The invisible road toll17 Mar 2016
Ground breaking new research has found trips and falls in the street send over 5,000 pedestrians to hospital each year – even more than collisions with cars.
The research, the first of its kind in Australia, was undertaken by the Monash University Accident Research Centre, commissioned by Victoria Walks and funded by VicHealth.
The report Fall Related Injuries While Walking in Victoria outlines the findings of the research. While collisions with vehicles result in about 1,600 pedestrian casualties in Victoria each year, pedestrian falls account for an average of 1,680 hospital admissions and 3,545 emergency department presentations.
“No Australian research has taken a detailed looked at injuries caused by falls in the street before,” said Dr Jennifer Oxley, Associate Professor of the Research Centre and lead author of the report. “We didn’t really understand the scale of the problem until now.”
“One of the more surprising things for us was that falls in the street affect all adult age groups,” said Ben Rossiter, Executive Officer of Victoria Walks. “However, older people are more fragile so more likely to be seriously injured and they take longer to recover,” Dr Rossiter said. “The hospitalisation rate for those aged 85 or more was 14 times that of those aged 35-64,” Dr Oxley noted.
The study found over 25 per cent of hospital admissions from falls were for injuries to the lower extremities (e.g. legs/feet and hip).
“The consequence of falling in the street can be devastating, particularly for elderly walkers” said Dr Rossiter. “Falling and breaking a hip can be life changing and lead to premature death. International research shows that up to 40 percent of hip fracture patients die within a year of their injury.”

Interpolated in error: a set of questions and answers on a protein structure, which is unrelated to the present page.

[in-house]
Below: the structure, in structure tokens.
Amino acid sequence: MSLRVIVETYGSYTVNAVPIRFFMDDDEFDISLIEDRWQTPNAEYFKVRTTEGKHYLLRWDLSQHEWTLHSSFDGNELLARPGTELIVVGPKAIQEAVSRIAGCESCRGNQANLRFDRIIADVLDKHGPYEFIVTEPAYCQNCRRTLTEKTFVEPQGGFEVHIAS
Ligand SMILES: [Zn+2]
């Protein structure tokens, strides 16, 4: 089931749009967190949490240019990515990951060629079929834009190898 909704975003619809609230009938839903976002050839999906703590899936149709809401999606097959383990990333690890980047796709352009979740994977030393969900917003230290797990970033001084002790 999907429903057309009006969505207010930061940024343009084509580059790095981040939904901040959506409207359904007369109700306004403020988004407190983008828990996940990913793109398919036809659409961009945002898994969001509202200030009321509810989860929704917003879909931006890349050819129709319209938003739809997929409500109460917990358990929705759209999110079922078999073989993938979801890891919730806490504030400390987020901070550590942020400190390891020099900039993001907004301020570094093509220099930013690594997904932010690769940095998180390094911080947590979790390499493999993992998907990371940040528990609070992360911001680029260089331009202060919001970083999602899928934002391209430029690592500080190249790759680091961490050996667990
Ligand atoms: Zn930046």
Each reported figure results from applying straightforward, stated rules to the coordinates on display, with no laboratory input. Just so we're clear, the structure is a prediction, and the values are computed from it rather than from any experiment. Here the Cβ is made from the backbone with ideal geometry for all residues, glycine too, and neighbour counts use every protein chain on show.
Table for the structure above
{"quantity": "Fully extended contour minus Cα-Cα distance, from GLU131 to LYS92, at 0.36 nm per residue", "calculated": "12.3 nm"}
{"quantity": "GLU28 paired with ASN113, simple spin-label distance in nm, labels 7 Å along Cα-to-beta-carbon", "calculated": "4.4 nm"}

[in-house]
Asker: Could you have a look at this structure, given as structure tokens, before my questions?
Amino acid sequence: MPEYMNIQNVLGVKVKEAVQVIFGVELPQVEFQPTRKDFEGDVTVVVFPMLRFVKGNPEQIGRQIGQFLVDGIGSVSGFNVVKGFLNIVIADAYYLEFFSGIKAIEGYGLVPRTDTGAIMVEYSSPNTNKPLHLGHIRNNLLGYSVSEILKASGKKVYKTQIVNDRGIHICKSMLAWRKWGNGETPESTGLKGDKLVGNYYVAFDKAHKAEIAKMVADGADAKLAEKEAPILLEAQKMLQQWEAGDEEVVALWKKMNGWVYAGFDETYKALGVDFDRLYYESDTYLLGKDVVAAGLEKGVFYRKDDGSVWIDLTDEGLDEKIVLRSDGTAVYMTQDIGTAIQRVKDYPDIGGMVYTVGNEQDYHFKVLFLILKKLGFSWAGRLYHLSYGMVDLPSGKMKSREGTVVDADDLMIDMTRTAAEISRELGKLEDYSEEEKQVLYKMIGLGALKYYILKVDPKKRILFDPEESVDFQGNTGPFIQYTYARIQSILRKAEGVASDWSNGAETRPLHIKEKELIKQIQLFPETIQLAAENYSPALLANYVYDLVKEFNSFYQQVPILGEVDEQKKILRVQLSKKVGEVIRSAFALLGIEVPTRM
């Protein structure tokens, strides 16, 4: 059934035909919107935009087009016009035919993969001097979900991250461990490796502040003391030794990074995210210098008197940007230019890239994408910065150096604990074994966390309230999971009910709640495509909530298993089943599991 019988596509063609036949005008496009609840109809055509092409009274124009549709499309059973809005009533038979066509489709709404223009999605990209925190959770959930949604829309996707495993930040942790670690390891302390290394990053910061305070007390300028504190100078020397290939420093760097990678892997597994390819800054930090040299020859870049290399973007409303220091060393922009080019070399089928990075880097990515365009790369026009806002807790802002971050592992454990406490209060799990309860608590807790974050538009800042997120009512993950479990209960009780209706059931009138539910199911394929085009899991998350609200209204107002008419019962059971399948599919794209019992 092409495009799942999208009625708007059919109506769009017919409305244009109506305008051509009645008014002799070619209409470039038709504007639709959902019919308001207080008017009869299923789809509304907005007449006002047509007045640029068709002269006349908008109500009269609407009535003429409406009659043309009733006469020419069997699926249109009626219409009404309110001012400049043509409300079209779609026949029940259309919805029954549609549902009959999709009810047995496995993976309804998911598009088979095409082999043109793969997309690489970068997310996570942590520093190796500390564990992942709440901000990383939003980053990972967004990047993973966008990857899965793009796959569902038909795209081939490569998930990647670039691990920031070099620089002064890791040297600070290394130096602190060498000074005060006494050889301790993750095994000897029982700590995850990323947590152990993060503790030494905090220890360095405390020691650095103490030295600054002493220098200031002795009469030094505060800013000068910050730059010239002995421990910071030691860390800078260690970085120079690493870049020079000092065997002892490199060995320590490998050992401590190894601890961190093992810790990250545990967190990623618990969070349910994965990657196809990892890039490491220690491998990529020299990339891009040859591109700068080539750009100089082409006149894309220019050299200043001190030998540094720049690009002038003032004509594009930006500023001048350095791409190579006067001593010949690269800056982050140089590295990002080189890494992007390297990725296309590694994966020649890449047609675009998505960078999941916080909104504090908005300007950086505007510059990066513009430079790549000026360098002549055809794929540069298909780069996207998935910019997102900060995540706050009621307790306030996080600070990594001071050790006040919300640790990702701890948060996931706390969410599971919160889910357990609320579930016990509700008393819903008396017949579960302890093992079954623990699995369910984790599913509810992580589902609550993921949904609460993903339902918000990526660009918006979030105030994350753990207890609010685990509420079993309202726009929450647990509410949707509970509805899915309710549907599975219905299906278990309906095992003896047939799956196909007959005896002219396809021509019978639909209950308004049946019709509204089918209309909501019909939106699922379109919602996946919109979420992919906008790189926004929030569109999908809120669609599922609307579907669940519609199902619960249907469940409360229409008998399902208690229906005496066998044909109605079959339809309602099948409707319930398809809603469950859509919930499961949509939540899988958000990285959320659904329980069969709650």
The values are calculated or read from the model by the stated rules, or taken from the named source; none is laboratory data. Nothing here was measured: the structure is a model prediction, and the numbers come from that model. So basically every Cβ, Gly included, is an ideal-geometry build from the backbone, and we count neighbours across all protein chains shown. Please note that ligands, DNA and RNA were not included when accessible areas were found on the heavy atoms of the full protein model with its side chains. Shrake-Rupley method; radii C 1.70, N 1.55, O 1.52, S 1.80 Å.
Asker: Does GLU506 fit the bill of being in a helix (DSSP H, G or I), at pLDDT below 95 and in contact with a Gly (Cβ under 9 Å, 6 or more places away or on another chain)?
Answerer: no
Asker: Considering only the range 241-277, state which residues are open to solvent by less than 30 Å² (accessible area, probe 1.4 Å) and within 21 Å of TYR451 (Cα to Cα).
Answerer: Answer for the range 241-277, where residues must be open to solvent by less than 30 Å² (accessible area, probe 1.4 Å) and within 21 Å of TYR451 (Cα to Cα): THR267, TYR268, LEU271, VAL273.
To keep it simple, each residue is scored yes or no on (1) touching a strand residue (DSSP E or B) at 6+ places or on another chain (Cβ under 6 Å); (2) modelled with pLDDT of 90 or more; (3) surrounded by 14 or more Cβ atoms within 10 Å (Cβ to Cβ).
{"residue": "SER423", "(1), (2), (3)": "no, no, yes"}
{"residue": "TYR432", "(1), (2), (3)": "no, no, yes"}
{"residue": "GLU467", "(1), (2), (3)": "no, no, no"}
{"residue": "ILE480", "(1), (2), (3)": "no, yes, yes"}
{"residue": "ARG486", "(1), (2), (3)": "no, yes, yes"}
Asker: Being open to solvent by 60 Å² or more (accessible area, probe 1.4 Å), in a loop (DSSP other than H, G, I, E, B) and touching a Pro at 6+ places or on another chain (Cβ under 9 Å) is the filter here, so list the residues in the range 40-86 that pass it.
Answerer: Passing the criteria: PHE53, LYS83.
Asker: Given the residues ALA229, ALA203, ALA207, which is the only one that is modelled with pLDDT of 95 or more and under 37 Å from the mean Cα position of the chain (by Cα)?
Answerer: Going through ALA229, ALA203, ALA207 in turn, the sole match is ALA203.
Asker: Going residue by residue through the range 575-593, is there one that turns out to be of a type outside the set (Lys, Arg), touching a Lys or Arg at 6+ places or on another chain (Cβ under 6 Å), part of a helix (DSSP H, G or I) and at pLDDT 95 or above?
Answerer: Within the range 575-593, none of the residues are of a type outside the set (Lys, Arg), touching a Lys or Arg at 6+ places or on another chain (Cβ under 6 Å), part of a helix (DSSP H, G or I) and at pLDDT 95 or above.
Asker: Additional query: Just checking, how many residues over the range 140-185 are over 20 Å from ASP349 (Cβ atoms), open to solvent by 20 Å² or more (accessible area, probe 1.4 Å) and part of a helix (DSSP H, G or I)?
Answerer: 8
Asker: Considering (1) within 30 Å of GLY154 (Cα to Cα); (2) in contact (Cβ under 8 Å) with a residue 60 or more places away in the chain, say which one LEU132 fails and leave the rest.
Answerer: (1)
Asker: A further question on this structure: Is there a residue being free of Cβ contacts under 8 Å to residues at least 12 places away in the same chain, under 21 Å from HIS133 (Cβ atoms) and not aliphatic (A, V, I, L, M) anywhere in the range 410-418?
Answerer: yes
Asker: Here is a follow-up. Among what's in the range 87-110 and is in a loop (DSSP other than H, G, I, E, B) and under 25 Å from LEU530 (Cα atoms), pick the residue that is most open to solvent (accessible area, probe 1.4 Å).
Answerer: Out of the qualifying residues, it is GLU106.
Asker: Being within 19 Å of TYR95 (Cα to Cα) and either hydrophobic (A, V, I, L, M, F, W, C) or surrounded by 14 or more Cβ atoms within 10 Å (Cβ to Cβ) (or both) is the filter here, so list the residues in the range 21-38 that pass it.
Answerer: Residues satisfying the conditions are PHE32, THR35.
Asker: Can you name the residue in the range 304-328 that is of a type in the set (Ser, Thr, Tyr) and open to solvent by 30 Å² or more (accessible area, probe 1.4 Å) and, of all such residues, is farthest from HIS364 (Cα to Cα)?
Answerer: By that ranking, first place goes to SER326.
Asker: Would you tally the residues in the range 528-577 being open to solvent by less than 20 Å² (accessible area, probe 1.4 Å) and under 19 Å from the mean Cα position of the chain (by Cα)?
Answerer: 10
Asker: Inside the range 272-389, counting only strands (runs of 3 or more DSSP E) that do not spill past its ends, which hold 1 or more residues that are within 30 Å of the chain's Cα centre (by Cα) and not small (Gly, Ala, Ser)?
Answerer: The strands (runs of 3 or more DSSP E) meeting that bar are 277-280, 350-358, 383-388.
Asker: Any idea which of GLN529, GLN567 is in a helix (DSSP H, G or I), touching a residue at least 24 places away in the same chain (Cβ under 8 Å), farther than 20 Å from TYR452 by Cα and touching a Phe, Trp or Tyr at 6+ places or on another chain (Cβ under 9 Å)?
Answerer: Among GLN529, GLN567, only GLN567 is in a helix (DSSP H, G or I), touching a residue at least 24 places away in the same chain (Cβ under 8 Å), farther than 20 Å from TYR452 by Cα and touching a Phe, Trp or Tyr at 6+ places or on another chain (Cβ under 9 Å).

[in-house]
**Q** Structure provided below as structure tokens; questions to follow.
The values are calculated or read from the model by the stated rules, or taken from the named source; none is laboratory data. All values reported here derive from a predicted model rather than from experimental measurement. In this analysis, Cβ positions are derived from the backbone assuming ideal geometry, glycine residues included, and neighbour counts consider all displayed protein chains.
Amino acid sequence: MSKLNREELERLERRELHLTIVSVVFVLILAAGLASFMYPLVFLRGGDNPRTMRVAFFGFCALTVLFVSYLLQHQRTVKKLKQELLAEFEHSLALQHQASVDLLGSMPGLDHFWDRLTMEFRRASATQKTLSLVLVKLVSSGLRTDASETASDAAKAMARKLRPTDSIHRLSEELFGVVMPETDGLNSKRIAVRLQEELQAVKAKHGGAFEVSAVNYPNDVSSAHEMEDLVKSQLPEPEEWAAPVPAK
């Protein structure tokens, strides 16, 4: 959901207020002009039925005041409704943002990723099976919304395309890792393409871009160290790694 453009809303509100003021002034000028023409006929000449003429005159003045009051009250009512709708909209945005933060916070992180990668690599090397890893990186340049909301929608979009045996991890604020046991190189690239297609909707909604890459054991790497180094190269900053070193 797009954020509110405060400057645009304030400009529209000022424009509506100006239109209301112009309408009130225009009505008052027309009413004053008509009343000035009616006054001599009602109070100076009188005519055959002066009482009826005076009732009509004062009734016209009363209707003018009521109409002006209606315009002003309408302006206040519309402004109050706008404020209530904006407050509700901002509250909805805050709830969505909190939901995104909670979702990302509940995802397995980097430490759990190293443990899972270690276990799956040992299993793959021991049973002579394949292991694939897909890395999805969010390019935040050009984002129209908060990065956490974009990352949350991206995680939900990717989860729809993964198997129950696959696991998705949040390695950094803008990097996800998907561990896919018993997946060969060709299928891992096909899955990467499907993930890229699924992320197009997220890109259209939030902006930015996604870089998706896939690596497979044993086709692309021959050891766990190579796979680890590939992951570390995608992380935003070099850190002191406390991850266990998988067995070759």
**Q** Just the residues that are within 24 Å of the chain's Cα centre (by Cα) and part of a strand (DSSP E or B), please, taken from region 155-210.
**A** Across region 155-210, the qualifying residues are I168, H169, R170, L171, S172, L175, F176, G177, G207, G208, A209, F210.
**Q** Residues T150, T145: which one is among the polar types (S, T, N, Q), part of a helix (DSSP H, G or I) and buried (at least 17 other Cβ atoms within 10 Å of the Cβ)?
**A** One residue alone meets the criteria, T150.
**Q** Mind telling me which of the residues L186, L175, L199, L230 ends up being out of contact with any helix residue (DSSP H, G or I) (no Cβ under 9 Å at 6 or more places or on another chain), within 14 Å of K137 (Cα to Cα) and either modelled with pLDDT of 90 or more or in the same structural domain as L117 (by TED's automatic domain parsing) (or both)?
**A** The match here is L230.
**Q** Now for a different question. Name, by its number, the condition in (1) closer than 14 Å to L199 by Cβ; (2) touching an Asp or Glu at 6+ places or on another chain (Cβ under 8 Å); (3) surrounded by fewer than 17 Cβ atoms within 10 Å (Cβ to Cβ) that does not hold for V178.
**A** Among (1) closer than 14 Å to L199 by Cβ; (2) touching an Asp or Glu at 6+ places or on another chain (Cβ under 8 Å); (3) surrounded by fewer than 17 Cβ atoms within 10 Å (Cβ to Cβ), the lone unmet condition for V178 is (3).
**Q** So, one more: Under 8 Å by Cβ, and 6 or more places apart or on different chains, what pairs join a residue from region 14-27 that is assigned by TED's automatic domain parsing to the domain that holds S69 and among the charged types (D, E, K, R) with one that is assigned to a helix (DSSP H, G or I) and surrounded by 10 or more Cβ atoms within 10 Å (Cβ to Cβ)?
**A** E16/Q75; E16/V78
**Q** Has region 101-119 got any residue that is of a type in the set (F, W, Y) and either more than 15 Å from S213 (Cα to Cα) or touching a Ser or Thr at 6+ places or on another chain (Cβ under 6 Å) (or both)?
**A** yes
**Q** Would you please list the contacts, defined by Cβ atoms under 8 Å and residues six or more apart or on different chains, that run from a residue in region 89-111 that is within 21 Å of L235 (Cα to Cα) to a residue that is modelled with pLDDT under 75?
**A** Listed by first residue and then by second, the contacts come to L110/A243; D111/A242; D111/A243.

Falls resulting in a visit to hospital are just the tip of the iceberg - the research did not include injuries that were treated at a GP or medical centre.
Victoria Walks hope the report will force a rethink of road safety, with road managers and safety experts considering falls in the street as well as traffic collisions.
“We call on the Victorian and Federal Governments to start investing in making walking safer, supporting councils to improve footpath surfaces and road crossings,” said Dr Rossiter. “There are great economic costs associated with falls and ill health and they cannot simply expect local councils to foot the bill to fix things.”
There is an excellent story in The Age on this research and both Ben and Jennie have been interviewed on ABC Radio. The research will be presented to the Smart Urban Futures conference on 23 March.